Over the past decade, increasing numbers of students have sought accommodations for disabilities during undergraduate studies. The most recent estimates indicate that approximately 14% of students in undergraduate programs report having a disability. A smaller percentage of these students pursue graduate degrees, with around 2% of graduate students self-identifying as having a disability. However, official records estimate 7% of graduate students have a diagnosis indicative of a disability. The intersection of the increased complexity and rigor of graduate study with reduced willingness to self-identify and seek accommodations can create an environment less conducive to student success as evidenced by the finding that less than 3% of 25-64 year olds with a disability persisted with graduate studies in order to attain a graduate degree.
Law professors are at the forefront of seeing students struggle who may have an invisible disability impacting learning that the student may not have chosen to disclose. Law students may have been able to compensate without accommodations or a formal diagnosis in an undergraduate environment depending on the size of the classes, underlying strengths and relatively lower intellectual demands compared to the intensity of a graduate environment surrounded by high-performing peers. A cognitive shift may be needed on the part of the student to understand academic accommodations as an interactive process that “levels the playing field” based on a careful assessment of the impact of a disability on academic performance rather than an unfair advantage over other students. Faculty encouragement can be a critical piece towards this mental shift, since direct encouragement from a faculty member to seek help may be the impetus needed for a student struggling academically despite maximal effort to persist and thrive in a rigorous law school environment.
The most common accommodations in a law school classroom mirror the accommodations that students often receive in undergraduate and secondary education settings. For each academic accommodation, there is corresponding documentation that clearly delineates how the accommodation is in fact creating an equitable environment for the student compared to other students without that disability. For example, students may be granted extended test-taking time to compensate for demonstrated low processing speed or visual deficits. A low distraction test-taking environment may be granted to reduce anxiety in a testing situation for students who have a history of high levels of anxiety during written exams. Allowing a laptop for note-taking or recording of lecture material can allow a student with fine motor or processing speed difficulties to accurately capture and encode material during lecture. Attendance considerations for medical conditions can allow students balancing an unpredictable set of medical symptoms while still pursuing graduate study. With all accommodations, the goal is to assist the student in determining what adjustments to the traditional learning environment could be reasonably modified to allow that student to have as equitable an experience as a student without a disability as possible, without compromising fundamental course expectations.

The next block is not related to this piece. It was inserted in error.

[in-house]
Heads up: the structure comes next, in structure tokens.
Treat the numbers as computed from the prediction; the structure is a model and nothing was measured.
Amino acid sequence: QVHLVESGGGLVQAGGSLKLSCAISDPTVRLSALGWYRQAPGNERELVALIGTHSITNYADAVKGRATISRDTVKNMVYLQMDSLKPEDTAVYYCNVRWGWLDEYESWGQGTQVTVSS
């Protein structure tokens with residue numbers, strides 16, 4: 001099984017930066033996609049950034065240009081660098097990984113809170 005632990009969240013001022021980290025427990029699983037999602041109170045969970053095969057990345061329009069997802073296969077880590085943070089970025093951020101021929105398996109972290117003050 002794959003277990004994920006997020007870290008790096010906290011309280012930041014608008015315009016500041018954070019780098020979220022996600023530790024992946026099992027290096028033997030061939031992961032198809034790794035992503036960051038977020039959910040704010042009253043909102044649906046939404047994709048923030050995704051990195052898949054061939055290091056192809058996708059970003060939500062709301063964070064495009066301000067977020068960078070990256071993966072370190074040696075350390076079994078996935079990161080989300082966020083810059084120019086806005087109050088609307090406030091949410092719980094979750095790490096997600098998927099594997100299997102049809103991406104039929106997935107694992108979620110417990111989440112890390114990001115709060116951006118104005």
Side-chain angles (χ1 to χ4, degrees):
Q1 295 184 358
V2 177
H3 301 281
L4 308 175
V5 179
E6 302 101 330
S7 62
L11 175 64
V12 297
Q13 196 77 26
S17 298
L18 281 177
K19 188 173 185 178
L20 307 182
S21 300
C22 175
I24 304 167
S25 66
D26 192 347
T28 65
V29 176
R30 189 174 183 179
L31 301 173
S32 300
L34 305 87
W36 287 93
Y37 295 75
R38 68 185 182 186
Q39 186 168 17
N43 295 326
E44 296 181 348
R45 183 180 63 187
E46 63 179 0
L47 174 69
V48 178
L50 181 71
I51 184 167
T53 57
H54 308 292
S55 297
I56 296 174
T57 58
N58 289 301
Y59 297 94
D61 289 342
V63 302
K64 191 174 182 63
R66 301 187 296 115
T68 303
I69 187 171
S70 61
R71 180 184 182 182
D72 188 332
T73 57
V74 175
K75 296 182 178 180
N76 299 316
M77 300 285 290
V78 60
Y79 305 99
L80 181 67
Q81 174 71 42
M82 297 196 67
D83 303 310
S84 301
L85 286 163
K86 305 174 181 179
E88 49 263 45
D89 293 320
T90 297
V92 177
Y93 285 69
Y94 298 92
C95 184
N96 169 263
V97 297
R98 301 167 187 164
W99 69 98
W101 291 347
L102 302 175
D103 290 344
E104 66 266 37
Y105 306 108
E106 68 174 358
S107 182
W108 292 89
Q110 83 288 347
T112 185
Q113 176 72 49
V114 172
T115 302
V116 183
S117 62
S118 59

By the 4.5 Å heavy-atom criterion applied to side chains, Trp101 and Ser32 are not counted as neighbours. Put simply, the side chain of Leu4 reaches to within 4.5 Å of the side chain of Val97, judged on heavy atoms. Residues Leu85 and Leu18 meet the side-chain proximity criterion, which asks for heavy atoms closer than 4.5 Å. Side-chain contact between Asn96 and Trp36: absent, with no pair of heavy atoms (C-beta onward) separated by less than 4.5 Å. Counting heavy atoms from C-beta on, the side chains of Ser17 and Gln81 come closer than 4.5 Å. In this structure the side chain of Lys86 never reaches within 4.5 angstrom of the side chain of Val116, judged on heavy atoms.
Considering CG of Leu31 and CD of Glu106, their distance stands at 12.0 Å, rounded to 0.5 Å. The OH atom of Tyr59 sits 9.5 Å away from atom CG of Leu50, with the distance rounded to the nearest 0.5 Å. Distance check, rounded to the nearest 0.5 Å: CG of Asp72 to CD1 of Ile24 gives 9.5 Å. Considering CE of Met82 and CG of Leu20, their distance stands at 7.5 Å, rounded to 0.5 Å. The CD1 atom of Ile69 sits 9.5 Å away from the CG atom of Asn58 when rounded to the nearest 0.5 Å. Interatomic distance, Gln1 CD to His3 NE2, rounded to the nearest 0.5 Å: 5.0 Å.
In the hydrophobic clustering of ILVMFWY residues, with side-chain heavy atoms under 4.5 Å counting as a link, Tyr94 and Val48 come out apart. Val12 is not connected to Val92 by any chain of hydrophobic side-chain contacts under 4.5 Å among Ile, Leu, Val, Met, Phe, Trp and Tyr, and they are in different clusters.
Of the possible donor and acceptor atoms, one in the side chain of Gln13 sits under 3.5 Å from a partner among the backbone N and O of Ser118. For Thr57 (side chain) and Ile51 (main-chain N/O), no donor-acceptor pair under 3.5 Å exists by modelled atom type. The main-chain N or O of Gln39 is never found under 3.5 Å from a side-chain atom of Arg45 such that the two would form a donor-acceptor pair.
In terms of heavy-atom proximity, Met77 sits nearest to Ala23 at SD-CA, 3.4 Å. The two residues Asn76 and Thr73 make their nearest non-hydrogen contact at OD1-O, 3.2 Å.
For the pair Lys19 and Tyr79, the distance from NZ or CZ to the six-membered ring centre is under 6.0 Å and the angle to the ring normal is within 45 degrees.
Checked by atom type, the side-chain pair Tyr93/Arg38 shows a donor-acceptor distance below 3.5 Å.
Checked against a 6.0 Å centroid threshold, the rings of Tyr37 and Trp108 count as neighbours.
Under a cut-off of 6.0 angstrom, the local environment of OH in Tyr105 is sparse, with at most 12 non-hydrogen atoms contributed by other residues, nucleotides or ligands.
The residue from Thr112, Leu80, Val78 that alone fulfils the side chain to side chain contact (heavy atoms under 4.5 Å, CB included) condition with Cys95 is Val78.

Incorporating aspects of universal design in assessment of fundamental course expectations can further aid all students, including those with disabilities. For example, selecting assessment design and objectives that parallel what students will be expected to demonstrate as a post-graduate professional rather than a traditional “test” may be more meaningful to students. Educational experts, such as those at the Teaching and Learning Collaborative at Wake Forest University, can provide a vital outside perspective on course design, regardless of specific subject matter. Fundamentally, awareness and acceptance that students learn differently and seeking an outside perspective on how to best assess student learning will provide support for both students and professors. Both have an ultimate goal of student learning and success at the post-graduate level.
Dr. Friedman has practiced as a clinical psychologist for the past 13 years and currently serves as the Associate Director of the Learning Assistance Center and Disability Services office at Wake Forest University.
 National Center for Education Statistics (2000). Percentage of graduate and first-professional students with disabilities, percentage distribution of students with disabilities according to main disability, and the percentage of students who considered themselves to have a disability, by degree program: 1999–2000. Retrieved from: https://nces.ed.gov/das/library/tables_listings/show_nedrc.asp?rt=p&tableID=239
 National Center for Education Statistics (2015). Total number of persons 25 to 64 years old, number with disabilities, and percentage with disabilities, by highest level of educational attainment and other selected characteristics: 2010 and 2015. Retrieved from: https://nces.ed.gov/programs/digest/d16/tables/dt16_104.75.asp